Reading this post from Jayson’s blog caught my attention for two reasons. First, his very strong reaction to some code that swallows an exception. Second, the fact that I’ve written such code before.
Here is the code in question.
public bool IsNumeric(string s)
Jayson’s proposed solution is...
I personally would use double.TryParse() (and downcast accordingly depending on the result) at the very least. At the very most I'd break the string down to a char array, and walk the array calling one of the (very) useful static char.Is<whatever> methods…first non<whatever> value, break out of the loop and return false. I've posted before about the speed at which the framework can process char data…it's very fast and effecient (sic).
For the sake of this discussion, let’s assume the method was intended to be
Int.Parse() to test if a string is a number doesn’t make sense since it immediately chokes on 3.14 (get it? Chokes on Pi. Get it? Damn. No sense of humor). If indeed this method was intended to be
IsNumeric then I would suggest using double.TryParse and the discussion is finished.
Now in general, I agree with Jayson and often raise fits when I see an exception blindly swallowed. However, when you only deal in absolutes, you start to become a robot (yes, I am resisting the offhand political joke here). For every absolute rule you find in programming (or anywhere for that matter), there is often an example case that is the exception to the rule. As they say, the exception proves the rule.
The problem with simply parsing the string character by character is that it’s quite easy to make a mistake. For example, if you simply called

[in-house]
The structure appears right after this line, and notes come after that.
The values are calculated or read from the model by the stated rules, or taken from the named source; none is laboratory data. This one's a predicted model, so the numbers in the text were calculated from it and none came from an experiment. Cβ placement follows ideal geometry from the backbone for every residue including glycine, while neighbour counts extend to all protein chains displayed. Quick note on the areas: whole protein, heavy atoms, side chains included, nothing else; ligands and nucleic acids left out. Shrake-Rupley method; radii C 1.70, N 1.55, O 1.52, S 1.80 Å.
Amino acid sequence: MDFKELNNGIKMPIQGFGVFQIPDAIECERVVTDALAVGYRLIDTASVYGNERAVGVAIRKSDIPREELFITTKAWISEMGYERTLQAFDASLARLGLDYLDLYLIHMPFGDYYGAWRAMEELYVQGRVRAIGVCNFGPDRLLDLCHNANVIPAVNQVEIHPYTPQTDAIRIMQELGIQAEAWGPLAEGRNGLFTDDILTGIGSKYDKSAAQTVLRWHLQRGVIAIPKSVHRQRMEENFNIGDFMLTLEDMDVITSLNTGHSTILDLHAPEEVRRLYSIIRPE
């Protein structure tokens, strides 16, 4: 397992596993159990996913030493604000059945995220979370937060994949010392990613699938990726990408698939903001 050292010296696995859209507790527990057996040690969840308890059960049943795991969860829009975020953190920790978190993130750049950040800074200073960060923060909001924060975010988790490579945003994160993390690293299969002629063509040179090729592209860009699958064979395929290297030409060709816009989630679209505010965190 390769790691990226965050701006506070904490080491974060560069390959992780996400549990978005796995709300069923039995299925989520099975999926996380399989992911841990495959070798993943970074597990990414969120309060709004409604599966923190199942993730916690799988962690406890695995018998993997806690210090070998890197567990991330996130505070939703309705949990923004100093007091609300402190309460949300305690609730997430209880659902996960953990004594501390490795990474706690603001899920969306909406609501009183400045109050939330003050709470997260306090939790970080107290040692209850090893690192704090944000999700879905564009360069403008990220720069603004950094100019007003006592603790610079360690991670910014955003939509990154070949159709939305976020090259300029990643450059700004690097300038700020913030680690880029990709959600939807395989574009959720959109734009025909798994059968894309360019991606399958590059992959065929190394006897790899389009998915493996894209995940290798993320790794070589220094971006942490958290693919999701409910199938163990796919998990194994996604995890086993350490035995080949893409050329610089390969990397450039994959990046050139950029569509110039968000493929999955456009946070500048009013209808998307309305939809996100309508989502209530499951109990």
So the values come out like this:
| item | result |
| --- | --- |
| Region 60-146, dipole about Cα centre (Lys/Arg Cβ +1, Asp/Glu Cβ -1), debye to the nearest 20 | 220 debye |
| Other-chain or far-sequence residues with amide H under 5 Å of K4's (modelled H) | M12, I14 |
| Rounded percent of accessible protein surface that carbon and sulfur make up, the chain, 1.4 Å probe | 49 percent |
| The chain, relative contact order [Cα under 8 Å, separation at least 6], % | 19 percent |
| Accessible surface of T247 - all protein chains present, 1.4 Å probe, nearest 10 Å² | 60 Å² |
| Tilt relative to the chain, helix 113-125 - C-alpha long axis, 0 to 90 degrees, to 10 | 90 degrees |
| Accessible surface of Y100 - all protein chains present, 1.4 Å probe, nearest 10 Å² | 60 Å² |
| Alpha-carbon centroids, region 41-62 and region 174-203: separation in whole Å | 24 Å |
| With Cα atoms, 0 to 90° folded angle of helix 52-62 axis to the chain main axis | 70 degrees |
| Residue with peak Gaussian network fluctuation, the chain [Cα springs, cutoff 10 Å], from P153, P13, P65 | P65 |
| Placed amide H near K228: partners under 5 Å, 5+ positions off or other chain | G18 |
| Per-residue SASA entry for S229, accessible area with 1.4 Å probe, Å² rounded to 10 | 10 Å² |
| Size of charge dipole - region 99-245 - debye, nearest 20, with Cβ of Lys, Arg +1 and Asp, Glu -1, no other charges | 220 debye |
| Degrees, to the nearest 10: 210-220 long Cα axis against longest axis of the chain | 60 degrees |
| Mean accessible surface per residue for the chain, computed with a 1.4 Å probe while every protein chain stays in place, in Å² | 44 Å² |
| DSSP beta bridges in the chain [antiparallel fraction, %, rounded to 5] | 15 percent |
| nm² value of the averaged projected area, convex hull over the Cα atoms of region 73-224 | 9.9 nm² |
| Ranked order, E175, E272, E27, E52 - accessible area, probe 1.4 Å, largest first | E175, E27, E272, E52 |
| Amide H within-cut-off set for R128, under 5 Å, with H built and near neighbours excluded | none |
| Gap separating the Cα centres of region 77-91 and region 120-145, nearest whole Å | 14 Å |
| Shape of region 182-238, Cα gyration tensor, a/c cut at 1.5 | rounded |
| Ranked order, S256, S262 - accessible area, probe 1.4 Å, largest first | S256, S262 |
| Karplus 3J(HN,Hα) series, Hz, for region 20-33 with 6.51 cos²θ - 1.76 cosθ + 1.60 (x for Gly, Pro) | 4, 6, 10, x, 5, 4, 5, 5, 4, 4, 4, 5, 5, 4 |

char.IsNumber() on each character, your code would choke on "-123". That’s certainly an integer.
Also, what happens when you want to extend this to handle hex numbers and thousands separators. For example, this code snippet shows various ways to parse an integer.
This is one of those cases where the API failed us, and was corrected in the upcoming .NET 2.0. In .NET 2.0, this is a moot point. But for those of us using 1.1, I think this is a case where it can be argued that swallowing an exception is a valid workaround for a problem with the API. However, we should swallow the correct exception.
Since there is no
int.TryParse() method, I’d still rather rely on the API to do number parsing than rolling my own. It’s not that I don’t think I am capable of it, but I have a much smaller base of testers than the framework team. Here’s how I might rewrite this method.
public bool IsInteger(string s, NumberStyles numberStyles)
if(s == null)
throw new ArgumentNullException("s", "Sorry, but I don't do null.");
//Intentionally Swallowing this.
So in 99.9% of the cases, I agree with Jayson that you should generally not swallow exceptions, but there are always the few cases where it might be appropriate. When in doubt, throw it. In the rewrite of this method, notice that I don’t catch ALL exceptions, only the expected one. I wouldn’t want to swallow a
I would also put a //TODO: in there so that as soon as the polish is put on .NET 2.0, I would rewrite this method immediately to use
int.TryParse() and make everybody more comfortable.
This is a case where I do feel uneasy using an exception to control the flow, but that uneasiness is ameliorated in that it is encapsulated in a tight small method. Also, one objection to this post I can anticipate is that it is freakin’ easy to parse an integer, so why not roll your own? While true, the principle remains. What if we were discussing parsing something much more difficult? For exampe, suppose we were instead discussing a method
IsGuid(). Now you have to deal with the fact there isn’t even a
Guid.Parse() method. You have to pass the string to the constructor of the Guid which will throw an exception if the string is not in a valid format. Yikes! I thought constructors were never supposed to throw exceptions.
In this case, I’d probably prefer not to roll my own Guid parsing algorithm, instead relying on the one provided. Why write code that already exists?
So Jayson, in general you are right, but please don’t beat me to death with a wet noodle if you see something like this in my code. ;)